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You are here: MacNN Forums > Hardware - Troubleshooting and Discussion > Mac Notebooks > Installing Sierra on late 2018 model MacBook Pro

Installing Sierra on late 2018 model MacBook Pro
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phkc070408
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Mar 26, 2019, 09:35 AM
 
When High Sierra launched, Apple disabled a feature that I enjoyed, the ability to create thumbnail icons of my picture files using the automator. While I found a third party app that I can do them one at a time, it is very time consuming to do several hundred or even a thousand files at once (I take a lot of puctures). I’ve research the topic for a year and a half now, since High Sierra was introduced. I also reported the issue to Apple, but no luck.

Without going into why I am so worried about my icons or why I can’t just use the finder to show an thumbnail of the image, because that’s not what I want to do, I figured out the only way to do what I want is to keep a small partition on my disk (50 GB) and keep a Sierra OS on it.

When my 2015 MacBook Pro died, I bought a late 2018 MacBook Pro. I have a Sierra Boot Disk and would love to create a small 50 GB Sierra partition, but the disk format is AFPS, and Sierra used the old Mac Journaled. I noticed under the Partition tab of the disk utility that I can create a new partition with a Journaled format.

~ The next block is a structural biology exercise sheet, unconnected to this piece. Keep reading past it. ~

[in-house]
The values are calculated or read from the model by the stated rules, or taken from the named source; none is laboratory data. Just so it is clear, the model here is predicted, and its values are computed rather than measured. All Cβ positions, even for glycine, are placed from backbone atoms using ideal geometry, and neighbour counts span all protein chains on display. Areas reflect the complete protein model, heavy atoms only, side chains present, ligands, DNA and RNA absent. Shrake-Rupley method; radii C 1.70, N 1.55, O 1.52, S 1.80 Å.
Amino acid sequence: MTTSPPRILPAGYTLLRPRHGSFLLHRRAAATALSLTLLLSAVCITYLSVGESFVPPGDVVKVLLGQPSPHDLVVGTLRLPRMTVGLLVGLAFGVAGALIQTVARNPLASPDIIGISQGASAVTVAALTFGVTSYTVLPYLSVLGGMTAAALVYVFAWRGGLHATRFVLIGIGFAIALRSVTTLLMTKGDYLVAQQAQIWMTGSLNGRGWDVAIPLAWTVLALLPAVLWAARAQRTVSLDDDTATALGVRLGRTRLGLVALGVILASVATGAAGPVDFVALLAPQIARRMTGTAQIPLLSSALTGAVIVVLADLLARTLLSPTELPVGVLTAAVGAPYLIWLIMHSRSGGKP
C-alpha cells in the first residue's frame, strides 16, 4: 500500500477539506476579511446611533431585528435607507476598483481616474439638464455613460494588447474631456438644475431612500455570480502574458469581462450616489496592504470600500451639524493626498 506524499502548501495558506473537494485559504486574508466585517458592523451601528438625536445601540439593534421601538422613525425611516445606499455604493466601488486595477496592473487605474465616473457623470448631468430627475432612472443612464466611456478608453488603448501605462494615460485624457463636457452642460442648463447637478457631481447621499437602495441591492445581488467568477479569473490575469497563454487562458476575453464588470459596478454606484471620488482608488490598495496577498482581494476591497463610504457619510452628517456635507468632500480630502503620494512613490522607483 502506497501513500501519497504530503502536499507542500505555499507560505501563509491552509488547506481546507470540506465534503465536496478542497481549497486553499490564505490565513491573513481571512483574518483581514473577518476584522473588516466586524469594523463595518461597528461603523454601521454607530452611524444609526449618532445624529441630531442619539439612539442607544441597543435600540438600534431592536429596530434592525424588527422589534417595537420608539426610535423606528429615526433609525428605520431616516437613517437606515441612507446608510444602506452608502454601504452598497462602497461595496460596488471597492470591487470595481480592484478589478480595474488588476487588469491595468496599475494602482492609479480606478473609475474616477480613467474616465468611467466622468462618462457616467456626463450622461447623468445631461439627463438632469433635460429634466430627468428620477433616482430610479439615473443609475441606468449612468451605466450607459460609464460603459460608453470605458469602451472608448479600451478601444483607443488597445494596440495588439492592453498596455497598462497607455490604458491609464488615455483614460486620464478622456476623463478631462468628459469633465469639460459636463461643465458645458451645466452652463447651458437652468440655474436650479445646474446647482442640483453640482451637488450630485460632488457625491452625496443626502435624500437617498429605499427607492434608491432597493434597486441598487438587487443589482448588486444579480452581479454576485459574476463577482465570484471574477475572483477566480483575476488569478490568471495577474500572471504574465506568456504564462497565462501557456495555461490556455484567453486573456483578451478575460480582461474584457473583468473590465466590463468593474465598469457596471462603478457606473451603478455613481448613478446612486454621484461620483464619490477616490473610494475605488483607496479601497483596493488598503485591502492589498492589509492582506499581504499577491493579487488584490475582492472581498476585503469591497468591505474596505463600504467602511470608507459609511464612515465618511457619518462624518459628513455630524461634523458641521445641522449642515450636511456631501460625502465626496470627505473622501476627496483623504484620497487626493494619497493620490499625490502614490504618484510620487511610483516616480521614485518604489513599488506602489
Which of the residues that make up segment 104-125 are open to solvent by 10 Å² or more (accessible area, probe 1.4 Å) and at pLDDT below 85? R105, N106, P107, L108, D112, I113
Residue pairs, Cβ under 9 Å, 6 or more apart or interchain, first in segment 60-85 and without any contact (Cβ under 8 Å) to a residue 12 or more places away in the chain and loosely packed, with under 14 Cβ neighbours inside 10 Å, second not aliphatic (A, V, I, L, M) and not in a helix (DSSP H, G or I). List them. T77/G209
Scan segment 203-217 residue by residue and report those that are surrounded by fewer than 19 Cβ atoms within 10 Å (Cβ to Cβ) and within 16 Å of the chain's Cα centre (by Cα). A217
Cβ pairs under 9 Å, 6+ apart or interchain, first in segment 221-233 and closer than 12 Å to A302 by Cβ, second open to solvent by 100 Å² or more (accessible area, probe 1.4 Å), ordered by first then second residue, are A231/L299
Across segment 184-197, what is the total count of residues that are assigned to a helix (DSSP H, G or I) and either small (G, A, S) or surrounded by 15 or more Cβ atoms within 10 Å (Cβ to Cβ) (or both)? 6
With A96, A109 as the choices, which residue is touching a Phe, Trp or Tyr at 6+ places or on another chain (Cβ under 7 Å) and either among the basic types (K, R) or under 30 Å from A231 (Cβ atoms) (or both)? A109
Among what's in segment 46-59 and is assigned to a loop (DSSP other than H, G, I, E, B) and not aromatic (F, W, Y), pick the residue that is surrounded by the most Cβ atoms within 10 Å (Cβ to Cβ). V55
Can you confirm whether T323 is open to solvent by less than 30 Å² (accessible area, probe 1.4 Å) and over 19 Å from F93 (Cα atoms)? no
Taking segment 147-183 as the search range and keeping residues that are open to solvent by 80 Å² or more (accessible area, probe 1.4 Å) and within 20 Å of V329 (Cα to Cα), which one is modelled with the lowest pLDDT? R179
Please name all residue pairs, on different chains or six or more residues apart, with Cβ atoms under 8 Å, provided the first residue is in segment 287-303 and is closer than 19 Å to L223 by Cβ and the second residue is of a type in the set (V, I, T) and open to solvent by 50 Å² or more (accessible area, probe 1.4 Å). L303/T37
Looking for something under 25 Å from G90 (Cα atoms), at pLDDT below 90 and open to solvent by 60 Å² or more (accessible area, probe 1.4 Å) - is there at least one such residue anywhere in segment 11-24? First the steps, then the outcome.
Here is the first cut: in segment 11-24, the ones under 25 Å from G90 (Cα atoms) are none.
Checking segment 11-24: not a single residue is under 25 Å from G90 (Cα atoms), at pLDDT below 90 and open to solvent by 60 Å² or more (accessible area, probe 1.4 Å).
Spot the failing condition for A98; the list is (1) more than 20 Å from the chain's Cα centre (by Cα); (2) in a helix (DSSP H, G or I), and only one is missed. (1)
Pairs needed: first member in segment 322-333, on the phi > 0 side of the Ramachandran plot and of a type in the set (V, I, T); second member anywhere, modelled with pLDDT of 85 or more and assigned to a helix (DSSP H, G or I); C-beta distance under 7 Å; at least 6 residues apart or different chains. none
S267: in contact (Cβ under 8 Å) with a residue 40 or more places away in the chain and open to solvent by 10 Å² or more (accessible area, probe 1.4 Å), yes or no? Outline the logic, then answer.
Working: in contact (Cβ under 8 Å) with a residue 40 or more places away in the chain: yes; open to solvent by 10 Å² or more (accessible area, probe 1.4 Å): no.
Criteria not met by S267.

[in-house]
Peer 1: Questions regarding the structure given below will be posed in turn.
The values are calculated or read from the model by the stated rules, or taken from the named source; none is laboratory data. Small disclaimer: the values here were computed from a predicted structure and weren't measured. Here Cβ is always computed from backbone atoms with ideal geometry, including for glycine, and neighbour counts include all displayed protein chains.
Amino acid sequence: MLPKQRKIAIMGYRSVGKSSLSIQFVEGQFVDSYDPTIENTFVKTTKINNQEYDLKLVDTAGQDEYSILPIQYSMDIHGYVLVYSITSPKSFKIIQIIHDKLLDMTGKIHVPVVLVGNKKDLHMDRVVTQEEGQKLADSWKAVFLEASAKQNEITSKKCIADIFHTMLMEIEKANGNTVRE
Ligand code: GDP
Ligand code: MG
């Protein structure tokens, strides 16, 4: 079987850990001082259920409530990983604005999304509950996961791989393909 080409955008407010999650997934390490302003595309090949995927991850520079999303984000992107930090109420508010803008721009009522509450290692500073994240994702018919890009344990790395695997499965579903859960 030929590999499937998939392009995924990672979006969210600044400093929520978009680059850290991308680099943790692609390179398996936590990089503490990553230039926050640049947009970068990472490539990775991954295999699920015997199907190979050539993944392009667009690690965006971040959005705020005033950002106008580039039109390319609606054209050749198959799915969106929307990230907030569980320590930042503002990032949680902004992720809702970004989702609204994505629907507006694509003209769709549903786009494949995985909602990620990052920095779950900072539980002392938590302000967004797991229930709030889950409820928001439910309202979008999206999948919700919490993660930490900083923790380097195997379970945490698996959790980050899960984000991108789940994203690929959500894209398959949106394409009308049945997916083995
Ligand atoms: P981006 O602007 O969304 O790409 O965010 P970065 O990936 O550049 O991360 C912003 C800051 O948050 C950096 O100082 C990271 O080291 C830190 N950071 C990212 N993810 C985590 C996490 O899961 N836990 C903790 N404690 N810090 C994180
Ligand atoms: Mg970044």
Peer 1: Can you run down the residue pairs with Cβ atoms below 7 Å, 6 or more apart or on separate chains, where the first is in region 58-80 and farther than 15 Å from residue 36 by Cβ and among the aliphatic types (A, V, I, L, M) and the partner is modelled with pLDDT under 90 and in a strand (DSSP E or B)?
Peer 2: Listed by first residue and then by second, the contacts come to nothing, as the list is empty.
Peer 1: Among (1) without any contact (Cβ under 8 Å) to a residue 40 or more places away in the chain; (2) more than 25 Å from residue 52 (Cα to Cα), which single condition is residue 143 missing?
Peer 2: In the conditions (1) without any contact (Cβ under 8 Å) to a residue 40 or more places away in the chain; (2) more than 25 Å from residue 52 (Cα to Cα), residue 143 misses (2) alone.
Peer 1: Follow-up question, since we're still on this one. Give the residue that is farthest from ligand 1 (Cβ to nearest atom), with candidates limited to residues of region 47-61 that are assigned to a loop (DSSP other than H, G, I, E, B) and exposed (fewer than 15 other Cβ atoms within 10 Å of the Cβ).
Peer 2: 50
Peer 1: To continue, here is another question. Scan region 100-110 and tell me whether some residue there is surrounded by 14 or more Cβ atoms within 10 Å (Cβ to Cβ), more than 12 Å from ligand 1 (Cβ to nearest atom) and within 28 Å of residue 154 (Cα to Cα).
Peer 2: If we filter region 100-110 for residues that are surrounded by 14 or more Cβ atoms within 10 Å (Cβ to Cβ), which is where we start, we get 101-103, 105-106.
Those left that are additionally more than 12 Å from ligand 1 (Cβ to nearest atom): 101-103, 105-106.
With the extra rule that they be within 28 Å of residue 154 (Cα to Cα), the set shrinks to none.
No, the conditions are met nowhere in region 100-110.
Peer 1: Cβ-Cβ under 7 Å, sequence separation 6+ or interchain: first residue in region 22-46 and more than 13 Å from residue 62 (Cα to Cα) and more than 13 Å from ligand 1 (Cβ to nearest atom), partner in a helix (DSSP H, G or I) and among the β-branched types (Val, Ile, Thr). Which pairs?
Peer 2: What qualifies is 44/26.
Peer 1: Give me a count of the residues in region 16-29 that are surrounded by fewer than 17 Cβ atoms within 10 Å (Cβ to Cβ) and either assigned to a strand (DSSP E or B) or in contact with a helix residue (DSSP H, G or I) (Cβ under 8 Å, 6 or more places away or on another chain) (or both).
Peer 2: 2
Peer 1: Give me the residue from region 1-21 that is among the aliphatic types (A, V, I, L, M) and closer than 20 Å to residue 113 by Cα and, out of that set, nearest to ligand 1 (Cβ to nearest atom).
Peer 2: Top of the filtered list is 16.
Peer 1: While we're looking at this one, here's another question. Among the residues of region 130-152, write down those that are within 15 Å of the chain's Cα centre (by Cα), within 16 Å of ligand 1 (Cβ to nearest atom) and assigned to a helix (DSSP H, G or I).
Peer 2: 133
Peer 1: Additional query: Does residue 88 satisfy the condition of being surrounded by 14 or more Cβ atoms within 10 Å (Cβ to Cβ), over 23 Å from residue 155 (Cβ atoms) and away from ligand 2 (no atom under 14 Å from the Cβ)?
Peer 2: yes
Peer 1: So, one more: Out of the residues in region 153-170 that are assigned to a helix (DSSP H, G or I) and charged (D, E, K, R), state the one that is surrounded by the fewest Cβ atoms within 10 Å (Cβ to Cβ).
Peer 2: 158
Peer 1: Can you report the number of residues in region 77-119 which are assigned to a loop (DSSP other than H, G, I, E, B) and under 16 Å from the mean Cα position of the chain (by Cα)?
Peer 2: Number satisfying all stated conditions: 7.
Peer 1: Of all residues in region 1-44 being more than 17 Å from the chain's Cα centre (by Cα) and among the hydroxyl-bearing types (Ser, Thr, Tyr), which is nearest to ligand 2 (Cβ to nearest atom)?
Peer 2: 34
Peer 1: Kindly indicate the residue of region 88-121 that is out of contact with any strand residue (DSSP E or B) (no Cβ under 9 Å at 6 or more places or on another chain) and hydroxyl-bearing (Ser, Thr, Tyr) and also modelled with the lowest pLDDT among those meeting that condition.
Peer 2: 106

That said, will I be able to install Sierra on a Journaled partition on my 2018 MacBook Pri, or will some other factor prohibit this, such as Apple’s desire to prevent one from using an older OS because it’s not the newest thing on the block?
     
reader50
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Mar 26, 2019, 12:36 PM
 
In general, you can only use an earlier OS that once shipped with your Mac model. ie - the earliest OS that will boot it, is the one that model first shipped with. There are exceptions, especially if Apply only spec-bumped a logic board.

The 2018 MBPs first shipped with High Sierra. The 2017 MBPs first shipped with Sierra. You may be a year too late for Sierra compatibility.

To test it, you need a bootable Sierra install on a USB flash drive. (or other external drive) You'll need access to an older Mac to create that install. Got one, or know a friend with a 2010-2017 Mac?
     
phkc070408  (op)
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Mar 27, 2019, 01:18 PM
 
I do have a USB boot disk for Sierra. I created two of them when High Sierra launched without the preferred feature. I formatted my partition to Journaled. I'll report back with results in a few days.
     
turtle777
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Mar 27, 2019, 06:12 PM
 
Or use Parallels.

I have a Lion Parallels VM that I occasionally use.

-t
     
reader50
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Mar 27, 2019, 07:26 PM
 
I thought Parallels blocked macOS installs. That it was only good for Windows or Linux. Or is my info outdated?